Our Dueling Playwright

Theater

By Edna Nahshon

Published February 23, 2007, issue of February 23, 2007.
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This month, Theater for a New Audience, a New York City-based theater that is committed to the canon of world dramatic literature, offers a series of free staged readings of four plays concerned with the issue of Jewish otherness in western society. Three of the plays are by well-known English-language writers: Arnold Wesker (“Shylock”), A.R. Gurney Jr. (“Overtime”) and John Galsworthy (“Loyalties”). The fourth, Henry Bernstein’s “Israel,” retitled “Among Gentlemen” in a new adaptation by Michael Feingold, is not just the oldest of the lot but also the only one originally written in French. When “Israel” was staged in New York in 1909 it caused enormous Jewish anxiety. Well before it opened, Dr. Joseph Jacobs, notable literateur and at the time professor of English at the Jewish Theological Seminary, sent a public letter to producer Charles Frohman, his cousin, urging him to drop his plans to stage this “powerful but degenerate play.” The request was politely rejected. When the play opened on October 25 at New York’s Criterion Theatre, the venerable American Hebrew, the newspaper of the city’s upper-crust Jewish community denounced it in no uncertain terms. It termed the play’s title an insult to every self-respecting Jew,and its subject matter, an insult to every self-respecting American.

The play had premiered in Paris in 1908 at the Theatre Réjane, in the context of the still broiling Dreyfus affair that divided French society and was continuing to fan antisemitic sentiments. Its Jewish theme and the play’s allusions to the Dreyfus affair aroused extraordinary interest, and Bernstein became the most talked-about author in Paris, soon gaining international renown.

“Israel” told the story of Thibault de Croucy, Prince de Clar, an intensely antisemitic young aristocrat who charms crowds with his anti-Jewish rhetoric. He demands that his exclusive Parisian club oust its one Jewish member, financier Justin Guttlieb. Thibault becomes aggressive, deliberately insulting Guttlieb in public, and, with cane in hand, knocks the older man’s hat to the floor. Guttlieb refuses to respond to the insult, and Thibault challenges him to a duel. Guttlieb accepts. Meanwhile, we learn that, though he is not aware of it, Thibault is in fact the love child of Guttlieb and Thibault’s mother, Agnes, Douchess de Croucy. She pleads with Guttlieb to prevent the duel, telling him Thibault will fight to kill, but he refuses, explaining that he must fight to defend his right to exist. Thibault arrives suddenly and in superbly constructed scene manages to extract a confession from his mother in which the identity of his biological father is finally revealed. He is completely shaken by the revelation of his “mongrel” identity, and finally kills himself.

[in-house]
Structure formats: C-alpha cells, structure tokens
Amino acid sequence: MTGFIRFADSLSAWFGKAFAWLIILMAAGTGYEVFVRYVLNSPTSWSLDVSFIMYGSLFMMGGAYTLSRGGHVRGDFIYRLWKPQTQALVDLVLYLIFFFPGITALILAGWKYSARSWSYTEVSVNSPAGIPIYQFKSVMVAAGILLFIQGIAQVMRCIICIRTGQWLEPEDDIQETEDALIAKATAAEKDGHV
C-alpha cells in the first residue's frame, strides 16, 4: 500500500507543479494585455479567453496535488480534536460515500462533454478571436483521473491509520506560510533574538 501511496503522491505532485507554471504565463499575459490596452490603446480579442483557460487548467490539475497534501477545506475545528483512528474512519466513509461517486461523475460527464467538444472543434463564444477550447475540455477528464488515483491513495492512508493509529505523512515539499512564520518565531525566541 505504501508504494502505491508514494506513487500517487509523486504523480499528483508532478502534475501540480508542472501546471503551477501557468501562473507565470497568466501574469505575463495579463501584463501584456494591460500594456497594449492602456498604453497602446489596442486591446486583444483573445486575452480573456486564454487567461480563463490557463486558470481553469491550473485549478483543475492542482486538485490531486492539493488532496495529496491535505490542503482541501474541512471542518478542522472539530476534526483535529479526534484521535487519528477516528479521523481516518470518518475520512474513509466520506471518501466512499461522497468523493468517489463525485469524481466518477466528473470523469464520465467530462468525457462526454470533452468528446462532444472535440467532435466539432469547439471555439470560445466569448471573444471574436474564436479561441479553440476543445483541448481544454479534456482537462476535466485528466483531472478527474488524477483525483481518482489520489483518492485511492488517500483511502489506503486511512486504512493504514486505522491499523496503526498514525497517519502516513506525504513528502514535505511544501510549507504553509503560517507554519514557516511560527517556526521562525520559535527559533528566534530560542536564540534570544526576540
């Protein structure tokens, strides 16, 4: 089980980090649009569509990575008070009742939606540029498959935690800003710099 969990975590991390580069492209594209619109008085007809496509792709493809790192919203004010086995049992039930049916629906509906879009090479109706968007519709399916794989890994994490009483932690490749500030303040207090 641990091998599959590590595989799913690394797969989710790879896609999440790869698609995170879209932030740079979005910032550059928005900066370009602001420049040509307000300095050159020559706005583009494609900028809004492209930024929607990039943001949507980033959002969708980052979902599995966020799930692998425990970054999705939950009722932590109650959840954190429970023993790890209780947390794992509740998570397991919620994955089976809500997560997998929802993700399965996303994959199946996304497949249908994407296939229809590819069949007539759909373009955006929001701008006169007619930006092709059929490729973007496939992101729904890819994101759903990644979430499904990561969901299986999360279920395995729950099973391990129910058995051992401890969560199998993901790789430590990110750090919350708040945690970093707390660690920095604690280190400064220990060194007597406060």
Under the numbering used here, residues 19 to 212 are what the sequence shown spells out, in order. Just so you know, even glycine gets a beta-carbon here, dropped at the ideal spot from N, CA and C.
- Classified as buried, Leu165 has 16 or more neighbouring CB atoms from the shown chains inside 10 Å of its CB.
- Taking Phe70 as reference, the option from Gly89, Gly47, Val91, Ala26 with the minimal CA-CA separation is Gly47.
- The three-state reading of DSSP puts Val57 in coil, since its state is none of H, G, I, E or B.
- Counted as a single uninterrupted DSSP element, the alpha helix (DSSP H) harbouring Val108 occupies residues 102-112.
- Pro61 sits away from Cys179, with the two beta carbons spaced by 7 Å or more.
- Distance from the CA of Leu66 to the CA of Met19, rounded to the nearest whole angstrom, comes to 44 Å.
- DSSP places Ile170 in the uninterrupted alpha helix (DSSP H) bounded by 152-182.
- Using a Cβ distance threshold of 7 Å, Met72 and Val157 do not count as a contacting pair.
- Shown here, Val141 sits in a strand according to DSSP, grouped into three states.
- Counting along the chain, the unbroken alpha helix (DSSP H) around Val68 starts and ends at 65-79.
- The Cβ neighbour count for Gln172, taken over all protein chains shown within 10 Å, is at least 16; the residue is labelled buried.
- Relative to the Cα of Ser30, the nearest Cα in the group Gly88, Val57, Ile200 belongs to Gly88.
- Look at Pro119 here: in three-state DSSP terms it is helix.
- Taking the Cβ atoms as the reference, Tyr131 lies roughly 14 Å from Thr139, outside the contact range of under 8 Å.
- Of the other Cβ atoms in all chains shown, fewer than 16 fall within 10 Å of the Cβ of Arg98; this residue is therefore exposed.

Although the play was seen as one dealing with the so-called Jewish problem, Bernstein explained otherwise in an interview in with the paper La Temps. “My play ‘Israel’ is neither an attempt to revenge nor is it an apology for the Jew,” he said. “I do not intend to place the Jewish problem on stage for a solution. It would be naïve to pretend that this immense problem can be solved in a few acts. I simply wanted to have a Jew on the stage — that’s all. A Jew is a part of life. I want to portray life. Why should I deprive myself of one of its most stimulating ingredients?”

Bernstein’s Jewish identity was essentially racial, not religious — almost an accident of birth (although at one point, he did suggest that his artistic temperament might be largely due to his Jewish ancestry). His Jewishness may not have defined him in his own eyes, yet as a gentleman he was contemptuous of anyone who would disown his origins.

“There is only one thing I have in common with antisemites: I despise, even more than they do, the Jew who apologizes for the fact that he is a Jew,” Bernstein said. “The frightful humiliations which would make a self-respecting person die of shame, but which this variety of snob accepts on a bended knee, crawling before his insulters, have always seemed to me sufficient punishment.”

Henry-Léon-Gustave-Charles Bernstein (1876-1953) could well maintain such aristocratic hauteur, for, unlike most Jews of the period, he had been born into privilege and money. His father, Marcel, a French Jew of Polish ancestry, was a wealthy financier and art connoisseur. His mother, an American, was the daughter of William Seligman, the New York banker.

Bernstein began writing professionally when he completed his education in Paris and Cambridge. He began his playwriting career at 24, when his play “Le Marche” was produced by the Theatre Antoine, a foremost art theater whose founder had introduced Paris to Ibsen and other major contemporary playwrights, and would direct “Israel” as a silent black-and-white film in 1919.